Wide field imaging with DMK/DBK/DFK cameras and CS lens


The Imaging Source cameras like DBK/DFK/DMK are industry cameras with CS mount. Usually you use 1,25" nosepiece and connect it to the scope. There is also another usage for the CS-mount. You can use simple CS lenses to get very wide field images of big nebulae and constellations.

There are two primary types of lenses for industry cameras - C-mount and CS-mount. The difference is that CS focus lower than C lenses. So for a CS camera we need CS lens or a C lens with a spacer. Each lens is clearly marked as CS or C. There also should be information about matrix size it can illuminate. For D*K21 we need 1/4", 1/3" or better lenses. For D*31 1/3" or better (1/3" is most common for those lenses), and for D*K41 we need 1/2" or better lens. You can buy them in shops with electronics, surveillance cameras and equipment. Basic lenses are very cheap.

Simple CS lens. 6mm focal length, illuminates 1/3" or smaller matrix. Manual focus.

For TIS cameras that don't have very small pixels I would advise 8-16 mm fl lenses. 2-4mm fl would give very strong sub-sampling. Nearly all lenses are f/2 so you have to note they will show field curvature as well as they can have chromatic aberration.

DMK21 and a CS lens in action

In my case I've used 8mm 1/3" CS lens with DMK21. It gives about 145 arcsec/pixel which is a lot. I screwed the lens to the CS thread of the cameras first image), but then I couldn't get it to perfect focus. I've unscrewed the thread a bit (the CS thread can move) and the lens then could focus without any problems:
1,25" filters can be applied on the lens:

The filter must be as close to the lens as possible. It has so big field of view that vignetting will show up if the filter will be to high. Also such lens is fragile to light like street lights or even laptop screen. A wide dew shield may be needed to remove flashes from such source.

TIS cameras have a plate at the bottom with has 1/4" standard tripod holes. You can screw the camera to SkyWatcher mounting rings, Celestron piggybacks for SCTs or other photo tripods. Piggyback on a scope on an EQ mount is a solution for long time exposures.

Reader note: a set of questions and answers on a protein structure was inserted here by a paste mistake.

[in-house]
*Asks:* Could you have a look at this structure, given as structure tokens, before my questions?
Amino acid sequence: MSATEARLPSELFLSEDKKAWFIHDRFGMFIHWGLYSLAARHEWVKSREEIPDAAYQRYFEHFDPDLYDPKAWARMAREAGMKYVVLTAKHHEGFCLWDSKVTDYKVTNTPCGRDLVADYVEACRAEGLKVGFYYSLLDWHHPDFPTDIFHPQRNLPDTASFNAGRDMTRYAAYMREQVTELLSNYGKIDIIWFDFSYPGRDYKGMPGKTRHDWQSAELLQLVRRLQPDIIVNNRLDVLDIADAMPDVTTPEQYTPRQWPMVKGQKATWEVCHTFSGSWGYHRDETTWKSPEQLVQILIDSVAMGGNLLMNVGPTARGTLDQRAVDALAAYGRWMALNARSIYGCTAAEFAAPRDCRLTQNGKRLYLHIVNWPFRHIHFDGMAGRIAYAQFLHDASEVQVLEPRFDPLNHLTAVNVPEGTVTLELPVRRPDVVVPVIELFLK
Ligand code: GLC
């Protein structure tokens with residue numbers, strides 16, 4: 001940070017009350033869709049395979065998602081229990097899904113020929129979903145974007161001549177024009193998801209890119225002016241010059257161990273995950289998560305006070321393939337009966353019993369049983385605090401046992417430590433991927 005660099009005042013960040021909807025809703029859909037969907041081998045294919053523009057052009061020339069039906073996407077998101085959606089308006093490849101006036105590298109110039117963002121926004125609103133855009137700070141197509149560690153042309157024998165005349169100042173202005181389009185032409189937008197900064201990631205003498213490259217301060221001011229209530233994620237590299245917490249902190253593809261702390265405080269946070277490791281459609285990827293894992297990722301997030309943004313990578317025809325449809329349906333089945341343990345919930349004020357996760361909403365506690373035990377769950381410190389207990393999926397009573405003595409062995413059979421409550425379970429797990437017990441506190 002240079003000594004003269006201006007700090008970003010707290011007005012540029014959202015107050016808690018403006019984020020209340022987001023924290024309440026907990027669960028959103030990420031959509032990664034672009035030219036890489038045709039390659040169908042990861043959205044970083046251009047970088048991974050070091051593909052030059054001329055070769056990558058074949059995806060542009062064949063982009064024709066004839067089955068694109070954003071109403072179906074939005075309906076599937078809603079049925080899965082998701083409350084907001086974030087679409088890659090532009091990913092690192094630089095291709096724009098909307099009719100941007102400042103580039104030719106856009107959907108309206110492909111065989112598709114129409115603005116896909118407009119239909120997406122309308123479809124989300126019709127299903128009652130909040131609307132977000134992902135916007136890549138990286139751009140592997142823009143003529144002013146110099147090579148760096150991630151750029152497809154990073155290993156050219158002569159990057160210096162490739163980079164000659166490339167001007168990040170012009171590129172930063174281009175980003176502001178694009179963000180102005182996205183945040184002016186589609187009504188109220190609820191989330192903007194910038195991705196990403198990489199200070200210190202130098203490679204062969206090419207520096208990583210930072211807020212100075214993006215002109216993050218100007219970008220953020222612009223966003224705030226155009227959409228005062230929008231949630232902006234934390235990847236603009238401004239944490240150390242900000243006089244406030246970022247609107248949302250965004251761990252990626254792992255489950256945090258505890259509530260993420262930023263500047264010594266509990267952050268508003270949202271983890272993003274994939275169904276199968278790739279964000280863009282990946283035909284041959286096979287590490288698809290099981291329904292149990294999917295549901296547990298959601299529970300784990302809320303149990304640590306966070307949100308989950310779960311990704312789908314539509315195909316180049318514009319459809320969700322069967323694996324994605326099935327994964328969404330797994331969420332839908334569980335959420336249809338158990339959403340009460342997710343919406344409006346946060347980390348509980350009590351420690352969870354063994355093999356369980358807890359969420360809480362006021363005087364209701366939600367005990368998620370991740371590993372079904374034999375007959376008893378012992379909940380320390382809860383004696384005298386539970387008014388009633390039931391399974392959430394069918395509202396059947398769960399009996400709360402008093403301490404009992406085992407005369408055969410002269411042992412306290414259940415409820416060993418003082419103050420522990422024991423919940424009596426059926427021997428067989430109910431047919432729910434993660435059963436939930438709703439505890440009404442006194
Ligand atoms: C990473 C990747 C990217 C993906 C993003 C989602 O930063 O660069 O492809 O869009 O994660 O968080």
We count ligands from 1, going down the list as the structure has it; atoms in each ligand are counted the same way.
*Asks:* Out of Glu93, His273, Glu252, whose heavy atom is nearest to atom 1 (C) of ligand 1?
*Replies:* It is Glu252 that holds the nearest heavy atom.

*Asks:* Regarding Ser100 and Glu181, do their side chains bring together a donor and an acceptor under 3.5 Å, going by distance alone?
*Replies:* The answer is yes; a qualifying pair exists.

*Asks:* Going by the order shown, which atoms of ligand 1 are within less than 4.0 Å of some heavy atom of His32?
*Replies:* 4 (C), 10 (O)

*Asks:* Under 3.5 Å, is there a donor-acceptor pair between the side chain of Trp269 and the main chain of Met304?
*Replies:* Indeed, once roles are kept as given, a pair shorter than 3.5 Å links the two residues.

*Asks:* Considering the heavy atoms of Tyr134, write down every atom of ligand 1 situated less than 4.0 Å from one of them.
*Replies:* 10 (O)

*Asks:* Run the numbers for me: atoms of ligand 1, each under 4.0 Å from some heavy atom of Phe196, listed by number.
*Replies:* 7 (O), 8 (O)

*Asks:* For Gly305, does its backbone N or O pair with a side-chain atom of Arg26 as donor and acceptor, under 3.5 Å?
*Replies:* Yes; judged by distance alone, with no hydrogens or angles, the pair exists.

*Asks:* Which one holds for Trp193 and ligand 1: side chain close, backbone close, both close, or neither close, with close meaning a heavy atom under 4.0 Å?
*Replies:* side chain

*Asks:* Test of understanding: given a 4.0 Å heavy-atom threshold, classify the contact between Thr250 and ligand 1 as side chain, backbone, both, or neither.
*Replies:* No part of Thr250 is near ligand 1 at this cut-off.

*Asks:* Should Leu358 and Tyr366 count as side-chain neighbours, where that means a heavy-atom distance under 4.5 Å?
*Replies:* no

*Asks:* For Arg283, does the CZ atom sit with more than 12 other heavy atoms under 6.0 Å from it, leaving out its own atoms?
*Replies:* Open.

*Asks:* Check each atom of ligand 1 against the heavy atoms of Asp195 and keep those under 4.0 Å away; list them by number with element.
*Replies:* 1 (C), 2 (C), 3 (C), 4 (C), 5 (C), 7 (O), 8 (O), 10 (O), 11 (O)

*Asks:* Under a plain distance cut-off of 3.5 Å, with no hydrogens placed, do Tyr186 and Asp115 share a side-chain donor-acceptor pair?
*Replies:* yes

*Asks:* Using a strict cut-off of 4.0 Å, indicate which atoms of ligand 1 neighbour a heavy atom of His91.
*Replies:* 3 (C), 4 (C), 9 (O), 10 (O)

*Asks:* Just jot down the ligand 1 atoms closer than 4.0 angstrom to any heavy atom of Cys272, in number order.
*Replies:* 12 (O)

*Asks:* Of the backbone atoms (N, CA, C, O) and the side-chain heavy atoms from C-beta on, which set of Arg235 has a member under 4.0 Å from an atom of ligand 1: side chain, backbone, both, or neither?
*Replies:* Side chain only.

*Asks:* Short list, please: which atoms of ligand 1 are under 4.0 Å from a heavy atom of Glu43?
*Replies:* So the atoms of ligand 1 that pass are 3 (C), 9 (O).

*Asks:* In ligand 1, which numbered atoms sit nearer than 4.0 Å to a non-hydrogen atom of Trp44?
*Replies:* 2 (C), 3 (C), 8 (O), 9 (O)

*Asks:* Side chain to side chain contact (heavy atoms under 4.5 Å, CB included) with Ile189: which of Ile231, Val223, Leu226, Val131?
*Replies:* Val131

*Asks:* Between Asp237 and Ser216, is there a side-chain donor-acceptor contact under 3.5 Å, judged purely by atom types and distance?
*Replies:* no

Imaging DS objects with a CS lens can teach DS imaging with DS cameras and scopes as more processing is needed when compared to planetary imaging. First we use different settings. Exposures are long - for AVI 30-50 sec, for BMP sets of images even longer. Gain should be as low as possible. 50-75% at start. On longer exposures you can try even with 25%. Low gain and long exposures increase signal to noise ratio. Stacking many short exposed frames won't give that boost like stacking less but better long exposed frames. For capturing you have to use IC Capture AS or other similar software that works correctly with longer exposures. FireCapture cannot be used.

When you done imaging selected part of the sky you have to take dark - cover the lens or mount the CS nosepiece with a cover and take some frames with the same settings - to capture camera noise and remove it from the stack in Registax. To make a dark from an AVI or set of BMPs you open them in Registax and in top menu you choose the "create dark" option. It will stack and give you the result. Save it as BMP (must be BMP) and then select that BMP as dark frame in Registax. When you do this you can open the AVI/BMP set of the sky and stack if like if it was a planet - point alignment square on a star and let it do the magic. Raw stack can be processed in Photoshop or other astro processing software. You don't sharpen it but you usually have to modify levels, curves or remove gradients.

Some results

You can shoot constellations, milky way, or big nebulae. In my case I've shot Orion and surroundings with Astronomik 12 nm H-alpha filter. I've got Barnard's loop, the horse, the flame and also Rosetta nebula:
144 frames x 31 sec, Astronomik H-alpha 12 nm
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